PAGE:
The then state in-charge drew flak after the BJP swooped in and formed the govt, but has blamed the ruling party for making MLAs ‘untraceable’ soon after poll results.
New Delhi: The Congress had rustled up the requisite number of MLAs to form the government in Goa last year, but some of them became untraceable after union minister Nitin Gadkari landed in Panaji with “tons and tons of money”, senior Congress leader Digvijaya Singh has said.
Singh was AICC general secretary in-charge of Goa when the Congress emerged as the single largest party in the assembly elections in March 2017, but it was the BJP that managed to form the government. Singh received flak from his party colleagues for not acting in time to counter the BJP’s moves.
The Goa assembly election results and subsequent government formation by the BJP are back under the scanner after Karnataka governor Vajubhai Vala chose to ignore the claims of post-poll allies Congress and JD(S) and invited the BJP, the single largest party, to form the government. The BJP is currently eight MLAs short of a majority in Karnataka, with no clear path to how it will get the requisite support.
In Goa, the Congress had secured 17 seats against the BJP’s 13 in the 40-member assembly. But governor Mridula Sinha invited Manohar Parrikar to form a BJP-led coalition government after he submitted letters of support from 21 MLAs, including three each from the Goa Forward Party and the Maharashtrawadi Gomantak Party, and two independent MLAs.
Speaking to Shekhar Gupta, Editor-in-Chief of ThePrint, at an Off the Cuff event in the capital, Singh said the Congress’ strength had been reduced to five MLAs when Goa went to the polls in February 2017.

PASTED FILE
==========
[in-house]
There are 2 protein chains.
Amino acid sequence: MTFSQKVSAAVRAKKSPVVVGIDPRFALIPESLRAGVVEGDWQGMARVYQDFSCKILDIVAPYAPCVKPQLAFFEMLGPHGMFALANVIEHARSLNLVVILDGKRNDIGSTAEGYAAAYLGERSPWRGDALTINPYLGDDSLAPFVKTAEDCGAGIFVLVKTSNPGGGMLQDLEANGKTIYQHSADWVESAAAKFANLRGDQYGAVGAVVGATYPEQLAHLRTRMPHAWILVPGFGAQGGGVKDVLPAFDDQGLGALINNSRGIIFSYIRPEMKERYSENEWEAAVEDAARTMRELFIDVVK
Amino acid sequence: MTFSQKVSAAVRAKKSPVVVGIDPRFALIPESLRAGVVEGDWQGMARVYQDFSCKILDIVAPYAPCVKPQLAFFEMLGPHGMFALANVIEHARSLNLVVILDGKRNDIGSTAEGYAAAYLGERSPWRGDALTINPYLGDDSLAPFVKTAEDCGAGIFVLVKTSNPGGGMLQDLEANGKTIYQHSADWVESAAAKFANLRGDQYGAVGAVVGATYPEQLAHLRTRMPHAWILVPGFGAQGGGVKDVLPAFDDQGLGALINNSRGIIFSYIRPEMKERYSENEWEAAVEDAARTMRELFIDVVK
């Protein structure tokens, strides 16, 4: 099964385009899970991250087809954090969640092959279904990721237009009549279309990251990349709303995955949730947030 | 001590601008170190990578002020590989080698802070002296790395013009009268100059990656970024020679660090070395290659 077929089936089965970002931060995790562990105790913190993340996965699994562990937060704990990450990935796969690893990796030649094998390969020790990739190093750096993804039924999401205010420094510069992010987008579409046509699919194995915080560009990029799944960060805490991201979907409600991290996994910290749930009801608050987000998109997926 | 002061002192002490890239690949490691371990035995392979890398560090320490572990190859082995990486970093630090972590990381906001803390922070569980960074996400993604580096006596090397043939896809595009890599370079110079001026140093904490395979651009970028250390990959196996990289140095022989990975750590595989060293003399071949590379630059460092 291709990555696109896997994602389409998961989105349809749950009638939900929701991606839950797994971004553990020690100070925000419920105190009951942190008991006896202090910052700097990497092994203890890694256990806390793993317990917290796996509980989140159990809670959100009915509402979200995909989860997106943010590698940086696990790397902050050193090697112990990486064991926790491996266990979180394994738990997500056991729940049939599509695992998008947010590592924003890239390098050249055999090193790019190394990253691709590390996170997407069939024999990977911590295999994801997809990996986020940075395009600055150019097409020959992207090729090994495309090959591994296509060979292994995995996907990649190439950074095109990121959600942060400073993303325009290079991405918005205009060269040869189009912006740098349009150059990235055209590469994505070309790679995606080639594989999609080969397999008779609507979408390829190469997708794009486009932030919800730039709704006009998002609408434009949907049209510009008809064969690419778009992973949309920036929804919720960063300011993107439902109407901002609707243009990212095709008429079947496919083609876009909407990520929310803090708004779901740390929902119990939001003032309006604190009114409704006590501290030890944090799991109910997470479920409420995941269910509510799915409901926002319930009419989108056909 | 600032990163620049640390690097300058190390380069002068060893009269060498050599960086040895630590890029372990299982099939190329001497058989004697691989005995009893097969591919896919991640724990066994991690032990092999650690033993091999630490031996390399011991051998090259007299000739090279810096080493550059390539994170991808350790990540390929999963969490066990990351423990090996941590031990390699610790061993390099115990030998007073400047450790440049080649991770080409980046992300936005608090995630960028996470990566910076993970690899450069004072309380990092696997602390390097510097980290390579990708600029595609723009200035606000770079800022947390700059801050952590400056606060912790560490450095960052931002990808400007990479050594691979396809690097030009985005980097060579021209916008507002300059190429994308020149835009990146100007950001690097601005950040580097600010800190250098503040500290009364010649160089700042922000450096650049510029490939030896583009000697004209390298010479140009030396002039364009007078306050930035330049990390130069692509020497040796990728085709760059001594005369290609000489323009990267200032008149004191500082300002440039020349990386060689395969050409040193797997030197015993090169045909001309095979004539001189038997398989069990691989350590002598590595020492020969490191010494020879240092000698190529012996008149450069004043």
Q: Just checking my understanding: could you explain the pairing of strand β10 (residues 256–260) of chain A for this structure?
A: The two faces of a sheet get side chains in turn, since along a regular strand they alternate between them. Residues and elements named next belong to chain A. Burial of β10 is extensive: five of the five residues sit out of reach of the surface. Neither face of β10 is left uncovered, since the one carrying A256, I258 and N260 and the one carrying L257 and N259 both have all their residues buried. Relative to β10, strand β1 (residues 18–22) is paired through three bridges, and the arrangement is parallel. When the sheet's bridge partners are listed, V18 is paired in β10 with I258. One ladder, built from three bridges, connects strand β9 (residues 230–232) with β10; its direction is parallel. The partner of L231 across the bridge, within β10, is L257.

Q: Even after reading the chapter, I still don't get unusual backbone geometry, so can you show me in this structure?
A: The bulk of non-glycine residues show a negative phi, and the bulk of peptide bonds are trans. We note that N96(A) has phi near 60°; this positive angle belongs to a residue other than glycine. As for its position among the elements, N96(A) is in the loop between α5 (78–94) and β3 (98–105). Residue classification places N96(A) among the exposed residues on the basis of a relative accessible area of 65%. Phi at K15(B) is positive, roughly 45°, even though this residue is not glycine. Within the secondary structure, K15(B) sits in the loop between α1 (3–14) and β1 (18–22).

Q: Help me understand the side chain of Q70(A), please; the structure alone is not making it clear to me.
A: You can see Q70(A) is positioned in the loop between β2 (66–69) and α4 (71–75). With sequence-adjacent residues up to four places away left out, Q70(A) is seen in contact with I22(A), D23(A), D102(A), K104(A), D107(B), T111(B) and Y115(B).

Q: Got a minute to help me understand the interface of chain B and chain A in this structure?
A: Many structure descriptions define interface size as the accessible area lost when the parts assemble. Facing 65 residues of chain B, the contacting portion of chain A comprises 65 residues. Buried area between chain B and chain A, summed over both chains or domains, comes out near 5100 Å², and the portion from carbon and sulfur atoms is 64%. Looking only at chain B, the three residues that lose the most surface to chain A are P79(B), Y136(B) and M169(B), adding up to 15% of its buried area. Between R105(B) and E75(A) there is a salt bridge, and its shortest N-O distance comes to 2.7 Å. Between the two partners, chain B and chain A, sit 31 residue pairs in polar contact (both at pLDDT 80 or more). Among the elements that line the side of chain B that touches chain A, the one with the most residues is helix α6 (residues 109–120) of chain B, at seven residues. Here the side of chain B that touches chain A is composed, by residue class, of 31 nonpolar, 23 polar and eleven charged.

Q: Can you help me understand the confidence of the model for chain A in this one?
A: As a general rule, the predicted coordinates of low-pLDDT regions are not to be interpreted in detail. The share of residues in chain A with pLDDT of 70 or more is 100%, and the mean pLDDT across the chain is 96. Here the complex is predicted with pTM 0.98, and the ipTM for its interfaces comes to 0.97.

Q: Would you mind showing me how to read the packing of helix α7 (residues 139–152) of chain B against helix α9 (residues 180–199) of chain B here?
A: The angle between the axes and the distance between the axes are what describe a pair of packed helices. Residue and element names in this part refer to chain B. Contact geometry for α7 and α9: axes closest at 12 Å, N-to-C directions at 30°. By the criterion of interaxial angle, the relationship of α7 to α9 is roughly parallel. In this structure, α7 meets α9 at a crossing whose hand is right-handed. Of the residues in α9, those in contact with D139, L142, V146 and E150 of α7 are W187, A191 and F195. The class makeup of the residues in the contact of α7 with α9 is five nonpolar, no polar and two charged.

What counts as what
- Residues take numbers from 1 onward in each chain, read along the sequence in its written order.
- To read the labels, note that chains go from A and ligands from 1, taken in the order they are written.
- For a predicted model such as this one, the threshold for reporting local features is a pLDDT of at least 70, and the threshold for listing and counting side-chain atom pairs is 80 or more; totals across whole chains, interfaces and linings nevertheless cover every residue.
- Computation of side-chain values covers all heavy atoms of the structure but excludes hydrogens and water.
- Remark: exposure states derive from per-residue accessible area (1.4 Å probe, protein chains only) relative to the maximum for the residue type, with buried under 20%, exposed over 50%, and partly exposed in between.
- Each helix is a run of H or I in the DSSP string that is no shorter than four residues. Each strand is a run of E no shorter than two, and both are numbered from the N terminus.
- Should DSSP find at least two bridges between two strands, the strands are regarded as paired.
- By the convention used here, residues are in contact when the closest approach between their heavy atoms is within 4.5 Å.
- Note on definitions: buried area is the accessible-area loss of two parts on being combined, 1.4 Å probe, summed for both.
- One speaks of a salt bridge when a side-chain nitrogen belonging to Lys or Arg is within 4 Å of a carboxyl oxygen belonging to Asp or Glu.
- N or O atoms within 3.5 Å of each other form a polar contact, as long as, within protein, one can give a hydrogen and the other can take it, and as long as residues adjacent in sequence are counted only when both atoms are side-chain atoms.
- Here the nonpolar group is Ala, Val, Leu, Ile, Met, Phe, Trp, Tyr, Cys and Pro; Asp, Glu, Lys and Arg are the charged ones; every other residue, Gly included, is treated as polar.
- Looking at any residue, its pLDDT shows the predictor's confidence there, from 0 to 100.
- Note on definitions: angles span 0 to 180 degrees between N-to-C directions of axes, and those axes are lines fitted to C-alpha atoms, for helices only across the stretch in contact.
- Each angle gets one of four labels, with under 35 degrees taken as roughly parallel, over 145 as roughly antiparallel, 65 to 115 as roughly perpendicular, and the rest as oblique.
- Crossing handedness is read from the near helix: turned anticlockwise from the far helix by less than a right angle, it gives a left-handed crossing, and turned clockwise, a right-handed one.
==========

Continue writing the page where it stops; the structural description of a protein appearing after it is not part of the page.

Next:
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“So, there wasn’t any party left as such. But we did well. From five, we came to 17. We supported one independent MLA, so we were 18. Now, there were five ex-chief ministers who were elected. So, we had to choose a leader before we went to the governor. And on the night of the result, three independent MLAs said ‘we are with you’,” Singh recounted.
He explained that Vijay Sardesai, the Goa Forward leader who was the former state youth Congress president, had agreed to support a Congress-led government “on the night of the election results”. His only condition was that certain individuals should not become the chief minister, which was fine with the Congress.
“Suddenly, the next morning, we found he wasn’t available on the phone. Then, we found that Mr Nitin Gadkari had landed with tons and tons of money and one Bhushan Singh, MP from UP (Brij Bhushan Sharan Singh, the MP from Kaiserganj), who is also the president of the Wrestling Federation of India also arrived. Sardesai is the state president (of the wrestling federation) from Goa. At 4 in the morning, the deal was struck… I don’t know what. We found that we were suddenly left with only 17 people.
“The same thing happened in Manipur and Nagaland. No one blamed anyone. I have been the target,” said Singh, who returned to New Delhi last month after a six-month-long parikrama yatra (circumambulation) of the river Narmada in Madhya Pradesh.
“There is a Sarkaria Commission recommendation that in a fractured mandate, the single largest party has to be invited. And this happened in Parliament election also in 1989, and later in 1996. Therefore, it (Goa governor’s decision) was a gross violation. (There are) judicial pronouncements also to this effect… in a fractured mandate, the single largest party has to be given the chance because it has the largest mandate, which was denied in Goa, Manipur and Nagaland. So why blame Digvijaya Singh?” he said.
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